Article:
We have established by now that being busy does not exactly mean you are being productive. In the last blog, we learned that the biggest pitfall of busyness is it takes you away from the goals that truly matter. We learned two major focus tips:
This is part of the ‘10X Your Results’ series where I am sharing practical tips on focusing your attention to achieve 10X results. This week, I have two final tips that I am hoping would blow your mind, and help you achieve the results you have been longing for.
In my early career, I prided myself in my ability to multitask. I worked on two, three, or more projects at one time, switching from one to the next and then back again. As a project manager, I often was required to attend long meetings. Whenever the meetings turned to topics that did not concern me, I would quickly turn to responding to emails, writing reports, and doing other tasks. However, I found these meetings and the simultaneous multitasking left me feeling exhausted.
And then I noticed that two of my mentors worked substantially fewer hours than most executives and yet ran multi million businesses, coached successful business people, and had written several books. “How is this possible?” I wondered.
The answer: focused attention.
Cal Newport, author of Deep Work: Rules for Focused Success in a Distracted World, proposes this law of productivity:
High-Quality Work Produced = (Time Spent) x (Intensity of Focus).
He explains, “To produce at your peak level you need to work for extended periods with full concentration on a single task free from distraction.” When you work in a tight bubble of total focus, you enter a state of flow.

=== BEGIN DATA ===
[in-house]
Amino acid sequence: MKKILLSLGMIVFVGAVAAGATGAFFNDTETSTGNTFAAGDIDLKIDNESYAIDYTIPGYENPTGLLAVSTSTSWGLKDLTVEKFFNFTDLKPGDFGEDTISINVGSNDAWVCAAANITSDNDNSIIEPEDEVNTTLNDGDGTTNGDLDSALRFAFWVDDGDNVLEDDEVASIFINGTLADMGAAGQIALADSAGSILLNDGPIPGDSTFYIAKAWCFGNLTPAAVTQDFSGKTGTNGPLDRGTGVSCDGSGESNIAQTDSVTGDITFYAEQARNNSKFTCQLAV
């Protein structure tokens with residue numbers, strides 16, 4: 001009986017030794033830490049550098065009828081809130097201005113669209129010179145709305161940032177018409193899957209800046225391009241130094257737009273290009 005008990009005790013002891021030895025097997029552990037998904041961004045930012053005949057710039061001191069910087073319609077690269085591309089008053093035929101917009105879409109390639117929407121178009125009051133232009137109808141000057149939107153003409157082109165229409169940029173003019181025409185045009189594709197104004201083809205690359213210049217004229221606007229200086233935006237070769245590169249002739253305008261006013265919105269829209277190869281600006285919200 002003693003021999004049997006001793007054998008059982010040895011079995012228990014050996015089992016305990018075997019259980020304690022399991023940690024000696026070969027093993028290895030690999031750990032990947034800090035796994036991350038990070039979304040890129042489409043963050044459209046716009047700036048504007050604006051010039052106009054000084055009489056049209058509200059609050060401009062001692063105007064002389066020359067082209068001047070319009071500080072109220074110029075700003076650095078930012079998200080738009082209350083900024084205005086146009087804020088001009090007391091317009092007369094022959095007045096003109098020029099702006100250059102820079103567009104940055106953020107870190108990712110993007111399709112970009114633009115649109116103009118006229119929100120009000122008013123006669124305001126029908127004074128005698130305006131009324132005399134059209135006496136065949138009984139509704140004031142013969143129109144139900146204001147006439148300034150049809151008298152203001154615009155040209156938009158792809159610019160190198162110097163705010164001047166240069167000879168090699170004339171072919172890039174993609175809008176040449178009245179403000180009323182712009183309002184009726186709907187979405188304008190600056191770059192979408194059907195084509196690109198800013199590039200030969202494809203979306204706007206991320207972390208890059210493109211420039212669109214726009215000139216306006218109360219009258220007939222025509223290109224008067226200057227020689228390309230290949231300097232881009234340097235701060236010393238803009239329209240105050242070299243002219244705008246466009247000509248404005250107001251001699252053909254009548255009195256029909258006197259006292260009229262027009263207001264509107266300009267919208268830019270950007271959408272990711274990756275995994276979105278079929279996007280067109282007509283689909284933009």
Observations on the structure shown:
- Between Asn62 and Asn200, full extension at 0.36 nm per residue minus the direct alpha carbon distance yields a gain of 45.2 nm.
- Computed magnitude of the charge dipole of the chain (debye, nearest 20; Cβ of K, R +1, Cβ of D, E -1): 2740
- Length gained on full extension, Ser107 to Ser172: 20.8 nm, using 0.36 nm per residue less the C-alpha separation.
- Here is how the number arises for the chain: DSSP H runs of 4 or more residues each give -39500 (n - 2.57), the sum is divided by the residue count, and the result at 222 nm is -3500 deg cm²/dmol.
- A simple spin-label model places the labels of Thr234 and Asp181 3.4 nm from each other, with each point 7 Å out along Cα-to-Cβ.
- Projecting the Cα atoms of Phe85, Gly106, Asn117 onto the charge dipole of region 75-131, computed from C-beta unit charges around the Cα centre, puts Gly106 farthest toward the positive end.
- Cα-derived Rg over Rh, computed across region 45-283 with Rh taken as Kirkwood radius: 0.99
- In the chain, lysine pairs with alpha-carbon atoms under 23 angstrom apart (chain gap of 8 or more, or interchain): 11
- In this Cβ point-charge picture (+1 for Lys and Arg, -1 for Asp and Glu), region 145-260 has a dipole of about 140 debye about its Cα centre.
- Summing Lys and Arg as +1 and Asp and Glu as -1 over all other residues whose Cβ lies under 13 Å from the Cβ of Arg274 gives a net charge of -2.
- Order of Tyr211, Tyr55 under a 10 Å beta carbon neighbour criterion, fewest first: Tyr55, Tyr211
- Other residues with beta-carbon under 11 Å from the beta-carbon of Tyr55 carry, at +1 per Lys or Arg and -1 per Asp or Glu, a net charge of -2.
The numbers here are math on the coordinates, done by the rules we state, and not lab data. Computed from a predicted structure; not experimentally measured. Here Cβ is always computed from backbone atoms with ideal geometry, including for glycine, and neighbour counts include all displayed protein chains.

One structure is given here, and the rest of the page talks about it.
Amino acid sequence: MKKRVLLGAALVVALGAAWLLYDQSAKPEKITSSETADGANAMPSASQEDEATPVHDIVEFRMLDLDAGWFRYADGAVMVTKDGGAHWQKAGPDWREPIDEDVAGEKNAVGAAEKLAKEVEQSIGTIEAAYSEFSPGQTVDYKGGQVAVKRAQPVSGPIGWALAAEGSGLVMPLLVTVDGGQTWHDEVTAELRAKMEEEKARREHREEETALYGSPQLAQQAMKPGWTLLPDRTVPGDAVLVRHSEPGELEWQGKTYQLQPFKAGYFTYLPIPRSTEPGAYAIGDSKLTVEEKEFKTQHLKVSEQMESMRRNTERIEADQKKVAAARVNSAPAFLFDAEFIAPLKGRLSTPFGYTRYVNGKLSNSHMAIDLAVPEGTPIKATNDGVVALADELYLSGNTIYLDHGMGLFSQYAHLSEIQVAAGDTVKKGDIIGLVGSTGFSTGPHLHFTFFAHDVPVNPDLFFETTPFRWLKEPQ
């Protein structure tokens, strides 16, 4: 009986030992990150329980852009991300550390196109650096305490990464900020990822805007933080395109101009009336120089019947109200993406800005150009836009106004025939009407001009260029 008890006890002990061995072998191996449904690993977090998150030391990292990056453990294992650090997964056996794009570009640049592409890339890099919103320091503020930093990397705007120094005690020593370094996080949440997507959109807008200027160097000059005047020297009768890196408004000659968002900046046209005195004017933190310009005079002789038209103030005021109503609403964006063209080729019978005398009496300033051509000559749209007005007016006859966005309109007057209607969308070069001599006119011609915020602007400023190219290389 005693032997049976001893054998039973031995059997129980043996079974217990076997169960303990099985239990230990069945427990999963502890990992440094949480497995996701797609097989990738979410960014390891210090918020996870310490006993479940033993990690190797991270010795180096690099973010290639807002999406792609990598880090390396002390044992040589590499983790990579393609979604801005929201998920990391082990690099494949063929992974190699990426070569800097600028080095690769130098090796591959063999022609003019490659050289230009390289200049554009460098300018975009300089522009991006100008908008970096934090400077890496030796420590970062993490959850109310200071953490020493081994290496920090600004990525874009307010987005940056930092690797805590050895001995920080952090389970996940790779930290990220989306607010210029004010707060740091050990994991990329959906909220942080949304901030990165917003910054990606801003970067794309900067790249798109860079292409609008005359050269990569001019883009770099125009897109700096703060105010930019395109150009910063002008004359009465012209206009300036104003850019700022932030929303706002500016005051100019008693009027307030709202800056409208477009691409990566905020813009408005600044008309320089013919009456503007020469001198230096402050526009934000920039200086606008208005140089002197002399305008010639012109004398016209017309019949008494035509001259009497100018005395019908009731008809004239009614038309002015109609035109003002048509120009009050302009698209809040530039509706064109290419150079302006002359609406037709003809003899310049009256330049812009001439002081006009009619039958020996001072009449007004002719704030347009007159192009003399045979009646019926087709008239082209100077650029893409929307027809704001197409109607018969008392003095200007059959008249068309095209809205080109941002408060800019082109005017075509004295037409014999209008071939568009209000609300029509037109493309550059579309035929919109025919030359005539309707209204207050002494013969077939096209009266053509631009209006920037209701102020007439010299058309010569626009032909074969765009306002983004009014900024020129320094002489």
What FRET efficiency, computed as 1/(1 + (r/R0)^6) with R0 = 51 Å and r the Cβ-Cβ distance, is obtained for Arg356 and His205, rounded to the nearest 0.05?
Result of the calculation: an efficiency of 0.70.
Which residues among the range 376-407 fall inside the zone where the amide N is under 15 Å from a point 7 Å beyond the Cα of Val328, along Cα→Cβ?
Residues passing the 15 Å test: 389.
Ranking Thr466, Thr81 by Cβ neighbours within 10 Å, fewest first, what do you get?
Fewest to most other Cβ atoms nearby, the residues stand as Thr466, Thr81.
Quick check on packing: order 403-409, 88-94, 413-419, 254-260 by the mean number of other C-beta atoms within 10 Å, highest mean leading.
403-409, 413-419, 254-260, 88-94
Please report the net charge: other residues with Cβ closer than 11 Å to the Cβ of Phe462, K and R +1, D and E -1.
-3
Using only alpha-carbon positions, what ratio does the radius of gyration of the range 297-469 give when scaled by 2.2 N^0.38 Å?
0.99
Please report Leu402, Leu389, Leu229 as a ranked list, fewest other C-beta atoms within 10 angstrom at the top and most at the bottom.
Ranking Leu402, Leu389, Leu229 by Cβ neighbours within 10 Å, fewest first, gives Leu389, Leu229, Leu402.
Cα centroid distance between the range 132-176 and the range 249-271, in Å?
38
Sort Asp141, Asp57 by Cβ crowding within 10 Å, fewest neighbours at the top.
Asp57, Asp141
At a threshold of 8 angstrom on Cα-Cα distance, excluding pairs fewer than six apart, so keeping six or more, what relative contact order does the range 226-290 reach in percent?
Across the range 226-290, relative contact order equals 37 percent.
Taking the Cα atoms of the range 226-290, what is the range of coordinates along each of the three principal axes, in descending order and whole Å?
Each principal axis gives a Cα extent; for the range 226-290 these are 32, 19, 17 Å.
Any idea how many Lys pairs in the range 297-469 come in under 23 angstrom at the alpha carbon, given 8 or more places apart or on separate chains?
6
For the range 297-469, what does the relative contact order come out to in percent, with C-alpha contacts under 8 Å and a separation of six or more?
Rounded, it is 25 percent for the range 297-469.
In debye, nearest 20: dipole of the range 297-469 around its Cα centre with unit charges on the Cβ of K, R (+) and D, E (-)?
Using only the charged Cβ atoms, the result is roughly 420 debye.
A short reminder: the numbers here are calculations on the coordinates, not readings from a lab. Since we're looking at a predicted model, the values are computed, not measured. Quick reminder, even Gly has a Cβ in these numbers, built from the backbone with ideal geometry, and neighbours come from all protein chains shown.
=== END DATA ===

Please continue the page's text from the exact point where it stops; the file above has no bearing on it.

Now, I find that I can get more things done in a few hours of deep work than I used to do in an entire workday.
Nancy K. Napier, a professor of strategy and leadership, pointed out,
“Neuroscience tells us that the brain doesn’t do tasks simultaneously.” Instead, it switches from one task to another. The truth is that multitasking comes at a high price, multi-taskers are chronically distracted.
After intensely working on a task for 10 to 15 minutes, your brain switches into a peak state of performance in which you can accomplish more than usual. This optimal mental functioning is called a state of flow and can supercharge your momentum.
A 10-year study by the global management consulting firm, McKinsey, on flow and productivity reported if you spent 15-20% more time in a state of flow, your productivity would double.
That’s how top performers achieve more than average. And as an added bonus, in a state of flow, the brain waves change and enhance your creativity. Thus, not only will you get more done, but also you will produce your best work.
Newport recommends working intensely in 90-minute increments and rest and recharge in between. I find that when I get in a state of flow, I can accomplish more in a single 90-minute cycle than I typically can in many hours.
Deep focus requires much mental energy, so it’s essential to schedule your flow-state activities during your brain’s peak energy levels. Most often, we are at our best in the morning. Therefore, if you begin your day by reading your messages and browsing through your newsfeed, you may not have enough energy left afterward to enter into a state of flow.